reminded me a bit of Williams' approach to similar moments (in a good way).  

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More a collection of easy-to-digest library cues than a properly developed score, it's at least not as awful as Balfe's usual blockbuster offerings. Without much of a dramatic backbone to connect the dots and the rather unsophisticated writing on display it may be polished enough for a nice background listen, though given Desplat's footprints it's rather a shame how broad and workmanlike the artform has become. 

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A sleek, tranquil and often surprisingly melodic Africa score, vaguely recalling JNH's 'Dinosaur' and several Horners from the same cloth. The last third of 2019 isn't quite the lamefest the months before threatened.

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15 hours ago, publicist said:

 

More a collection of easy-to-digest library cues than a properly developed score, it's at least not as awful as Balfe's usual blockbuster offerings. Without much of a dramatic backbone to connect the dots and the rather unsophisticated writing on display it may be polished enough for a nice background listen, though given Desplat's footprints it's rather a shame how broad and workmanlike the artform has become. 

From what I understand, that's pretty much what it is, essentially a collection of demos.

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20 minutes ago, Fal J. M. Skywalker said:

From what I understand, that's pretty much what it is, essentially a collection of demos.

 

Yeah, that's probably why it's better than Balfe's usual underscore, relatively speaking.

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Snow White and the Huntsman

 

It has moments of great beauty and power, but still one of my least favorite adventure/fantasy scores by JNH.

 

With a more aggressive writing than, say, Maleficent or Fantastic Beasts, it's action music is too modern, too RCP-ish and too devoid of JNH's own personality to be interesting - the time he spent with Zimmer scoring those Batman movies wasn't good for him. The Beach Warriors cue is a major example: it has some great choir writing that is buried beneath BAAAAUMS and lots of percussion, both real and synth.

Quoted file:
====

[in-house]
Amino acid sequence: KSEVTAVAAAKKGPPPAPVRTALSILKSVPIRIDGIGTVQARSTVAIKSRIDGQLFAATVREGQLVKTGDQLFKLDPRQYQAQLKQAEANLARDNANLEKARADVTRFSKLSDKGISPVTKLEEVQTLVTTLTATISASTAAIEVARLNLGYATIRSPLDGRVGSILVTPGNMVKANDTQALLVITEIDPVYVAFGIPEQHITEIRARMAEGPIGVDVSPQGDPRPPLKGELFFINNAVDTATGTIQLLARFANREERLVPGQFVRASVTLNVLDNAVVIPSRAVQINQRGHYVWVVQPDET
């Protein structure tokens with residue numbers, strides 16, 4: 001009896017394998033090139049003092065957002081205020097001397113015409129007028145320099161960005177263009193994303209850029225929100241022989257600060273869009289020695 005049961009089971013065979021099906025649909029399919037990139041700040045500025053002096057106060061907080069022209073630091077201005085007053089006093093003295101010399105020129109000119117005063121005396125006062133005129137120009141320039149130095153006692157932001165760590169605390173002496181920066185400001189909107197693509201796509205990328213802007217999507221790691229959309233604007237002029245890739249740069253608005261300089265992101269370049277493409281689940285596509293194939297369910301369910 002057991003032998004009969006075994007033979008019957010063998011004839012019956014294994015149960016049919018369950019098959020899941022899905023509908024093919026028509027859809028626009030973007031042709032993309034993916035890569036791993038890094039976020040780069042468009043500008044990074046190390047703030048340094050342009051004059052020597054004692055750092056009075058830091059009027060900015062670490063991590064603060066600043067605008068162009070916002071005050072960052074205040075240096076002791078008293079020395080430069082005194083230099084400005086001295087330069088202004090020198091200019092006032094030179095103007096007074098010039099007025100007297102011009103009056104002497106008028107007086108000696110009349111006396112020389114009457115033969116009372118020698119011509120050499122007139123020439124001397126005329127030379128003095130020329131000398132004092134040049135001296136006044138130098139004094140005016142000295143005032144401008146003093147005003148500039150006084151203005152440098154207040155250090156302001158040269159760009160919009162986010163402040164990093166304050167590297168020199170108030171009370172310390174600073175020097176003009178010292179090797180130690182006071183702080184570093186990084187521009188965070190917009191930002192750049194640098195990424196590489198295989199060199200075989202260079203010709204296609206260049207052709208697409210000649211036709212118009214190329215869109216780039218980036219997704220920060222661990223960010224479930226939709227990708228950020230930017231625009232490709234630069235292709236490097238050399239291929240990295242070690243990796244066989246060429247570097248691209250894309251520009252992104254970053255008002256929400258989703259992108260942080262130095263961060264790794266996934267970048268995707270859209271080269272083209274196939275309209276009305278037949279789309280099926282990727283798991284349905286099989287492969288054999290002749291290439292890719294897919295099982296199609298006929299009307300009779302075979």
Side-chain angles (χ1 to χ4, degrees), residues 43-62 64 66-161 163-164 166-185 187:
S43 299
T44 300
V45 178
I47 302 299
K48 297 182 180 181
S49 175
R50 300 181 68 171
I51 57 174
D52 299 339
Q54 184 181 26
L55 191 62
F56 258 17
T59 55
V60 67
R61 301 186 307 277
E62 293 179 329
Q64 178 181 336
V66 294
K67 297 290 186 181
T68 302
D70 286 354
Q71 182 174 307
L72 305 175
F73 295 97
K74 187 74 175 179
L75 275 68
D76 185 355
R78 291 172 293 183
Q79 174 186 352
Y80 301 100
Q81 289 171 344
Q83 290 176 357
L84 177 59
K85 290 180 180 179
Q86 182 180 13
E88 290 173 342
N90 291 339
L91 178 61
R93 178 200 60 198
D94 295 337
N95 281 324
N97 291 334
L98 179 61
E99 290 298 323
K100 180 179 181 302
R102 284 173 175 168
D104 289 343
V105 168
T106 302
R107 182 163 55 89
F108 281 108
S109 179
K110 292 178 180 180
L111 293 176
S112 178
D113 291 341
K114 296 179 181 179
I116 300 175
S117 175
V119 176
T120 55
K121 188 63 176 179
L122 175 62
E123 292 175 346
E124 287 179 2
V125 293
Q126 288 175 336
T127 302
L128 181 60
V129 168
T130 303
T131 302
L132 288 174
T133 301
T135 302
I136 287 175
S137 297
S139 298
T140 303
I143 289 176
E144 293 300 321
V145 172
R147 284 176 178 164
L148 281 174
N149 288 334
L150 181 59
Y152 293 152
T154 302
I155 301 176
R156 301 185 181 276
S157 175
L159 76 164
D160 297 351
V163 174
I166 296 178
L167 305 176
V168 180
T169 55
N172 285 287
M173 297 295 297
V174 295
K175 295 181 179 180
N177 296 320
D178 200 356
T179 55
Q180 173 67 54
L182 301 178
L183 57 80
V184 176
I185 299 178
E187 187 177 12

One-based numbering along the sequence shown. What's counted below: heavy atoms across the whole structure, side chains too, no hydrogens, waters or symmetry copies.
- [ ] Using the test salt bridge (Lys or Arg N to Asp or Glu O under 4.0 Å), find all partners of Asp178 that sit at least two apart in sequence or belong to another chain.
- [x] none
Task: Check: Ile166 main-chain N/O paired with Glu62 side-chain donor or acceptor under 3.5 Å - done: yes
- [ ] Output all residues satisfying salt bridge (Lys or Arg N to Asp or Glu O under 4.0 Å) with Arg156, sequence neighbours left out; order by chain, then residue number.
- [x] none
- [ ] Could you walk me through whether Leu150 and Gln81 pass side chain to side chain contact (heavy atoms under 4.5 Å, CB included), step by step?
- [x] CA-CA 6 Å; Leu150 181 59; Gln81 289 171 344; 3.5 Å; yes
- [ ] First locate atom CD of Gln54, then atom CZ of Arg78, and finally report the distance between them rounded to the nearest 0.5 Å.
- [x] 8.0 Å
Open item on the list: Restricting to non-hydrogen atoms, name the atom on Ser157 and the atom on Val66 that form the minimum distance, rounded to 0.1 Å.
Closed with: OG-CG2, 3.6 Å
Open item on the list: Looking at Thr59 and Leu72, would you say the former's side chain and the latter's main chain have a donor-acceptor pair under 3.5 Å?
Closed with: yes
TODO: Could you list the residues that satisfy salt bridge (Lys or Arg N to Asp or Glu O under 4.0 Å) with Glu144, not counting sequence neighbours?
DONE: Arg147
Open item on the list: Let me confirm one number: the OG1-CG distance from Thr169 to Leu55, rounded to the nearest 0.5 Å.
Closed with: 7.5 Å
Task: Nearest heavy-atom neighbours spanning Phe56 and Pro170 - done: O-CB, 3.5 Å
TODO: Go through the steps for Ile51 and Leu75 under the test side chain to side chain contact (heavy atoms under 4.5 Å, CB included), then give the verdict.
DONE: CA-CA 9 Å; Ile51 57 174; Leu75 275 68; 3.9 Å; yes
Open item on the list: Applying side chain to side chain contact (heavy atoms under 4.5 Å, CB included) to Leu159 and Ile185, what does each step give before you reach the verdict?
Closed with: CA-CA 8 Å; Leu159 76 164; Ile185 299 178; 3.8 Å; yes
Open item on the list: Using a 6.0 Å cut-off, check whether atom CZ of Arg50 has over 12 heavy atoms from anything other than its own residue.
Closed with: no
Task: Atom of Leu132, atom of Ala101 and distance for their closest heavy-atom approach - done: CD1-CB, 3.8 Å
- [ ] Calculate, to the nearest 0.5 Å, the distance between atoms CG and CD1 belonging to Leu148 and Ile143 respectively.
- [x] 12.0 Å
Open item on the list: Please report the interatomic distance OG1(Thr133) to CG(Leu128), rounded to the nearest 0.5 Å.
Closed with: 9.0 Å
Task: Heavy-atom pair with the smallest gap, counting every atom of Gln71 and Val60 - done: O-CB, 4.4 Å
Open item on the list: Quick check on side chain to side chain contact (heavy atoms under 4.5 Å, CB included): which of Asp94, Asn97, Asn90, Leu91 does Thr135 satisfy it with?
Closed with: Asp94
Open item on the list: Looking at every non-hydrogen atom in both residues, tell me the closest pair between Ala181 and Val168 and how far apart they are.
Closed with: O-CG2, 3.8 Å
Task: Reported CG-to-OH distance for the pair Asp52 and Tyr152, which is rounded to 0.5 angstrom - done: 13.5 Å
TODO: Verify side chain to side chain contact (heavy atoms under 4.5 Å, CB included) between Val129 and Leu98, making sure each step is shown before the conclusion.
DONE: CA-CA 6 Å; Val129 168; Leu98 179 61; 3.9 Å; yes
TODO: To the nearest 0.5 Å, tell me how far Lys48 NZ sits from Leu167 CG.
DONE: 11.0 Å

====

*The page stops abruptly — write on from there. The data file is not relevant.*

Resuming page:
The best thing about this score, however, is the more tender, romantic music, with a beautiful theme for Snow White and some touching string writing on a few moments. His task was taking this very silly concept about a serious and dramatic Snow White movie (I burst into laughs whenever I think that there were a time on which Hollywood put millions of dollars on "dark and epic" versions of fairy tales), and he mostly succeeded.

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Anyone else reckon Hollow Man is one of Goldsmith's best and most misunderstood scores of the tailend of his career? It copped a lot of backlash at the time for being "generic" and "boring", but when it has such gripping tracks like this, I pay attention...

 

 

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11 hours ago, Thekthithm said:

Anyone else reckon Hollow Man is one of Goldsmith's best and most misunderstood scores of the tailend of his career? It copped a lot of backlash at the time for being "generic" and "boring", but when it has such gripping tracks like this, I pay attention...

 

 

I do!

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Jojo Rabbit - Michael Giacchino